The author's premise seems to be that the events of 1860 and early 1861, especially the firing on Fort Sumpter, changed the northern US population from an attitude of "co-existence" with slavery to a war fever and follows that conversion through the stories of assorted individuals. While some are well known to history (for example Major Robert Anderson and James Garfield) most are unknown or little known today.
While I personally find the premise unconvincing (slavery had already radicalized much of the North by the time of the Dredd Scott decision) the stories of the individuals are themselves interesting. I have to admit that although I have read a lot about the lead-up to the Civil War and the war itself much of this information was new to me.
I have only given this book 4 stars (I would have given it 3 1/2 if I could) because I do not feel that the stories, although interesting, contributed to my knowledge of this period. There is one exception and that is the stories of the "contraband" in Virginia. I knew nothing of this event and it does much to explain the attitude of the southern slaves.
The narration is adequate but uninspired. I have heard much worse, but also much better.
yes, as long as they were interested in history, like I am. I loved how it wove together political, social and economic history by telling stories of individuals and cities, not just at the national level. I learned so much I had never heard before.
I am fascinated by history, particularly when it is from a first-person perspective (why I love historical fiction), and this story covered so much in such personal ways, I was glued to the story from beginning to end.
It was so fluid, so perfect for this kind of book - used pauses and inflections well, I never felt I was being lectured at or read a newspaper story.
Average American life on the brink of history
So much history was in this book, though not exactly limited to 1861, but a few years before and a little after. I never realized how much happened in such a short period of time. Loved this and will be listening to it again.
Audible obsessed lifelong learner.
Goodheart gives great insight into the events leading up to the Civil War. One would think this has been well covered by other books, but Goodheart tells the events from the perspective of everyday citizens and the thoughts and fears of the time. The Wide Awake movement was very interesting. This is a very good addendum to anyone who likes to read about the Civil War and wants to dig beneath the stories of Lincoln, Lee, Sherman and the other leaders trust into the center stage of history.
This was only my second civil war specific book, but I'm pretty fascinated by 19th century American history, and this book is one of the best I've read in that category. It's written like a compilation of behind the scenes stories that give background on the complexities of American culture and politics during this pivotal time. Adam Goodheart's writing does an incredible job of capturing the humanity of the characters in his stories, and is a master of the art of nuance. I'll begrudgingly give a thumbs up to Jonathan Davis' narration job here. I generally find his cadence a bit annoying, and his tone too official, but I must admit that he did a good job on this one, even if he's not my cup if tea stylistically. But overall, this is an excellent choice, not just for civil war buffs, but for all American history lovers.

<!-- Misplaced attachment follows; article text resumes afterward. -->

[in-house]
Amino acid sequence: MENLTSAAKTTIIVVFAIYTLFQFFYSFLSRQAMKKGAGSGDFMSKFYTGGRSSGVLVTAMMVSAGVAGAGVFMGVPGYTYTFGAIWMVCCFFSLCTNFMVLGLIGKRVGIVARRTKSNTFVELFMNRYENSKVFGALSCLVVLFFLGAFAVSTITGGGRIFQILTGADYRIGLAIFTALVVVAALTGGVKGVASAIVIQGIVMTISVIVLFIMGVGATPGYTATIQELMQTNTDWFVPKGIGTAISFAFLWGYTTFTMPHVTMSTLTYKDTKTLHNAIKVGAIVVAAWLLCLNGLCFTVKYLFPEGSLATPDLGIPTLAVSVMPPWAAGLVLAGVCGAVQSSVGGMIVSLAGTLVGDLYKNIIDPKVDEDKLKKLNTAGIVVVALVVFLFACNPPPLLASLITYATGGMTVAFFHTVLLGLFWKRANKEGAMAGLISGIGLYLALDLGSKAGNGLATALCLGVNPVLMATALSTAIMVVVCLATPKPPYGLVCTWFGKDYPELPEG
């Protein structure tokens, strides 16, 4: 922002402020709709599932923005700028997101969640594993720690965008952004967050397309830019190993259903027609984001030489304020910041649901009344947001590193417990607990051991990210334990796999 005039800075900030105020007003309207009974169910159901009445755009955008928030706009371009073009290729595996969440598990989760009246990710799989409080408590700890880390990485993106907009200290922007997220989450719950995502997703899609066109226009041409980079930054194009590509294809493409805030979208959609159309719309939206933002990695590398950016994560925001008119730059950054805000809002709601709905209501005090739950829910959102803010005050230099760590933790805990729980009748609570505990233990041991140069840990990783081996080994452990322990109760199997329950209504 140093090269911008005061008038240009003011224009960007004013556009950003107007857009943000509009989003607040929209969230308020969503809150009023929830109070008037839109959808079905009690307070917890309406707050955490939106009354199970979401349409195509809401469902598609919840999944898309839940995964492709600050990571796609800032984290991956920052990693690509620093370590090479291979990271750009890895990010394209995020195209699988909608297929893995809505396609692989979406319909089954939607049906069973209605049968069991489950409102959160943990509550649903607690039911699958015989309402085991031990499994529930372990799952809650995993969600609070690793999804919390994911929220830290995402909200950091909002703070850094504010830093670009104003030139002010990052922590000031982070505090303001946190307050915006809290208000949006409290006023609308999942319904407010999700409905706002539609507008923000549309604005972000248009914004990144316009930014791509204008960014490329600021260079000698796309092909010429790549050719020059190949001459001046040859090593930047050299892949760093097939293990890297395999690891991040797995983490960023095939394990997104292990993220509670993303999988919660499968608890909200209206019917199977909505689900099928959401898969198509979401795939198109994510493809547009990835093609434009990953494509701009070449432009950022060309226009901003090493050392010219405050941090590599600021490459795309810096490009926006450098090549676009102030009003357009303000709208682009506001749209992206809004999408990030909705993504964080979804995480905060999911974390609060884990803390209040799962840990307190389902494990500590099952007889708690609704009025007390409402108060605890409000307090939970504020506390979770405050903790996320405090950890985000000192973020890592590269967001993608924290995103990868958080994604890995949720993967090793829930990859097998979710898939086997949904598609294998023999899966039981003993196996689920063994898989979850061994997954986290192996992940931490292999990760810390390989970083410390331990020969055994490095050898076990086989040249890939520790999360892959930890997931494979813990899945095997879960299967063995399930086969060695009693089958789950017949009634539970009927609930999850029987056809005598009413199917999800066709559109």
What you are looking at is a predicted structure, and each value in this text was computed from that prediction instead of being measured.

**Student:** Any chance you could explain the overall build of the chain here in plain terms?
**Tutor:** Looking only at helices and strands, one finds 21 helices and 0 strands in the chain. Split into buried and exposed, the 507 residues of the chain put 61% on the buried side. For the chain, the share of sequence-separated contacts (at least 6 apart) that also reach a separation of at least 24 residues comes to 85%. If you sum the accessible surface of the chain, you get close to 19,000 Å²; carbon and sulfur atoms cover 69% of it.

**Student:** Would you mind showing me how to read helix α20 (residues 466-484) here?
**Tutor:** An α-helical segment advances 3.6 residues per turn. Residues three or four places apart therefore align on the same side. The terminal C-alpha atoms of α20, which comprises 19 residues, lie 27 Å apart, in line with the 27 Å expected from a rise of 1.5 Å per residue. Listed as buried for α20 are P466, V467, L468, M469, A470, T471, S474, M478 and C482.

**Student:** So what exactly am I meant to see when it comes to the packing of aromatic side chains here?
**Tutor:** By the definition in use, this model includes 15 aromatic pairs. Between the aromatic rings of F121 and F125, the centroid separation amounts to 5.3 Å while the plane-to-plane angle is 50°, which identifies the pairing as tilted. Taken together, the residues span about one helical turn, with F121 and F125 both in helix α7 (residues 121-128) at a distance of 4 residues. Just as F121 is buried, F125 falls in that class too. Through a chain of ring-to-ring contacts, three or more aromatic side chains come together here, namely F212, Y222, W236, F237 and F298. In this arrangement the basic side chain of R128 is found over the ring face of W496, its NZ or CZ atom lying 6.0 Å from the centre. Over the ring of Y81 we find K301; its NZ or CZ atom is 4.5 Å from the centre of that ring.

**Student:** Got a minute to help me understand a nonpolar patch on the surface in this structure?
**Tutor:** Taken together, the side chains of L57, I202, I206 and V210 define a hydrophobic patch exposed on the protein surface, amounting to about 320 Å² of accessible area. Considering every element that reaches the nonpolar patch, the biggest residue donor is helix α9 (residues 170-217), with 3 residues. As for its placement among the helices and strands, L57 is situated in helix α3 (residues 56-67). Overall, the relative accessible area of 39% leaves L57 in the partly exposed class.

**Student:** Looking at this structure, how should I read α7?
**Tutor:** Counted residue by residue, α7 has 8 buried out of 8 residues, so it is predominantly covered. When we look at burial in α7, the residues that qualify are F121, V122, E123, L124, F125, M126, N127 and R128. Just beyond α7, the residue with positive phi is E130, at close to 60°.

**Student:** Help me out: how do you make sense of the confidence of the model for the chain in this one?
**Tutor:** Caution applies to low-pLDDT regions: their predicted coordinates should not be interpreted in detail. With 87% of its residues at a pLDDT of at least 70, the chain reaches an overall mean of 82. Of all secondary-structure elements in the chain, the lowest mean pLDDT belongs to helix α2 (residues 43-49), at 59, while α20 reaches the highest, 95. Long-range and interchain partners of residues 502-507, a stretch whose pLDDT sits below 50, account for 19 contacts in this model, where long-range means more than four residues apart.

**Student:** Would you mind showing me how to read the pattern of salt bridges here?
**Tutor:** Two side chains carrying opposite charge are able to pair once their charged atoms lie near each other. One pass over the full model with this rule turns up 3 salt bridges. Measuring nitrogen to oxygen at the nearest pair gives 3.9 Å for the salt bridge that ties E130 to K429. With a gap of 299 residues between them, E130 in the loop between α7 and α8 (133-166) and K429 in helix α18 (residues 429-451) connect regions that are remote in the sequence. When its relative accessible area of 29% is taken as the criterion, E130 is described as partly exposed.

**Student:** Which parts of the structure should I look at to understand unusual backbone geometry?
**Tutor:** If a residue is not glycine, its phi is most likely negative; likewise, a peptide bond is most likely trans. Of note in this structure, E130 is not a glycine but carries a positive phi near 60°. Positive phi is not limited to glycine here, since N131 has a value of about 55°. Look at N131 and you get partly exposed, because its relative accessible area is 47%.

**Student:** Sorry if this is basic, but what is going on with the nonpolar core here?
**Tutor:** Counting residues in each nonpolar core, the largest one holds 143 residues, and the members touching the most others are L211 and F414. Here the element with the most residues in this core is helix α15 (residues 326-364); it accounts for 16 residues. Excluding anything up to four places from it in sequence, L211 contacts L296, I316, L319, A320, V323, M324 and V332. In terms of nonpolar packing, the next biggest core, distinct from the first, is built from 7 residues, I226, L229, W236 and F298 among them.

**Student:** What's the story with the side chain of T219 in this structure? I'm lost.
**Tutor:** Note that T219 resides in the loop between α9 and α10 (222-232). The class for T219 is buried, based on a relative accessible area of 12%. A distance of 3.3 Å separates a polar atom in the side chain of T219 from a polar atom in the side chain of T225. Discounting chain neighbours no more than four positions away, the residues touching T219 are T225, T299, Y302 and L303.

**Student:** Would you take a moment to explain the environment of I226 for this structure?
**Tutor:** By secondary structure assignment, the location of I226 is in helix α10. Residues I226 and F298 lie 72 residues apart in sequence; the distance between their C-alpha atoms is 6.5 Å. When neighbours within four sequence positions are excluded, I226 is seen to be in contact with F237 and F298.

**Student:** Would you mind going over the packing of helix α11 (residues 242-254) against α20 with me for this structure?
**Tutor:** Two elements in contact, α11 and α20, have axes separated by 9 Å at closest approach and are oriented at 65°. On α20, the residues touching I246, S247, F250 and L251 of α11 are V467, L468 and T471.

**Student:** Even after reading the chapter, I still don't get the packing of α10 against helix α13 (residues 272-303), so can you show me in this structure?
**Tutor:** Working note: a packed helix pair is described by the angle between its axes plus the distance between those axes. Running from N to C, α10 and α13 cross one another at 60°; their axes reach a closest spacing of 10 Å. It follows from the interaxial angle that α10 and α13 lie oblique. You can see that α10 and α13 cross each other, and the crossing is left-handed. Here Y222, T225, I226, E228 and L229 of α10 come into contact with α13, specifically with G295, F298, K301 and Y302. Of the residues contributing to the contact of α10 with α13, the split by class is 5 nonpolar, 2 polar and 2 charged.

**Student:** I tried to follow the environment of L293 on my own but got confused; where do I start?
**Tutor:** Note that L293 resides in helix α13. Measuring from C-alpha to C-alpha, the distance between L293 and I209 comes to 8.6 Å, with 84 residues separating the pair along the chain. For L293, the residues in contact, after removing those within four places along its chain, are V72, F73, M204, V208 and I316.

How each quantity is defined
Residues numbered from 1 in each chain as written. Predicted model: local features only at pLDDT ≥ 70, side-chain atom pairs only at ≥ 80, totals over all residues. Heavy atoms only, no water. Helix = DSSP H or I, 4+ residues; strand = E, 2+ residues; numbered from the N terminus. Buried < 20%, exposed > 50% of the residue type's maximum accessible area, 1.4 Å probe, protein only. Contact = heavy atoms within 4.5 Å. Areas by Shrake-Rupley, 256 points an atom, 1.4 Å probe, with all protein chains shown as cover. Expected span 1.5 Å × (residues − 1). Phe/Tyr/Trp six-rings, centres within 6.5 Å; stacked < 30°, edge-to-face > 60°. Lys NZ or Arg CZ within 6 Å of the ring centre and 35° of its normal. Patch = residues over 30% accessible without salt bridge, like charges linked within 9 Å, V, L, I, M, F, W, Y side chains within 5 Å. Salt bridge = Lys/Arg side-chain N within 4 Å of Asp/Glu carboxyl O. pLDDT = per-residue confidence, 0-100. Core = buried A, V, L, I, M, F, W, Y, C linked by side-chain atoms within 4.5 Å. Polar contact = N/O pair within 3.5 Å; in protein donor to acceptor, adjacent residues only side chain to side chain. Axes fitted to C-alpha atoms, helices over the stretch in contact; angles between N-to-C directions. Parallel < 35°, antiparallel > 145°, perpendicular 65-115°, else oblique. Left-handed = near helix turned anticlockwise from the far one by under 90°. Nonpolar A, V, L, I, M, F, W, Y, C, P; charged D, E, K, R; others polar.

This one almost put me to sleep. Blah, blah, blah. 1861, and the years leading up to the war and all the rhetoric is (to me), boring at best.
This really immerses you into the culture, especially that of the North, that led into the Civil War
In this evironment, the discussion of the 1860 election and background to set it up.
Hancock going in to talk to Lincoln on the eve Lincoln's first presidential/social dinner.
no, one to think about and both keep in its own context and still locate in ours.
Lincoln's patience, his lack of transparancy, until he was ready to move was quite revealing, particularying in this age of instant news bite... and realizing how he manuveered aroung those pressures in his time. certainly more room and time to manuveer but still instructive.
Sometimes it felt like "Groundhog Day" the movie -- going back over and over the same time. Fascinating to get such a complete national view of the run up to the war. Great accessible history. I would recommend it highly for anyone who simply wants to learn more about America. Staunch defenders of the South -- watch out -- the author does not allow revisionist history pretending that it wasn't about slavery. Staunch Northerners watch out too...not everyone in the North was a far-sighted abolitionist. A great read.
While the overall concept of the book is very interesting, the trivia became tedious at times.
This is without doubt the best Civil War History I've read in a long time.
Such a wonderful tapestry of different stories, filled with suspense because we know what's coming.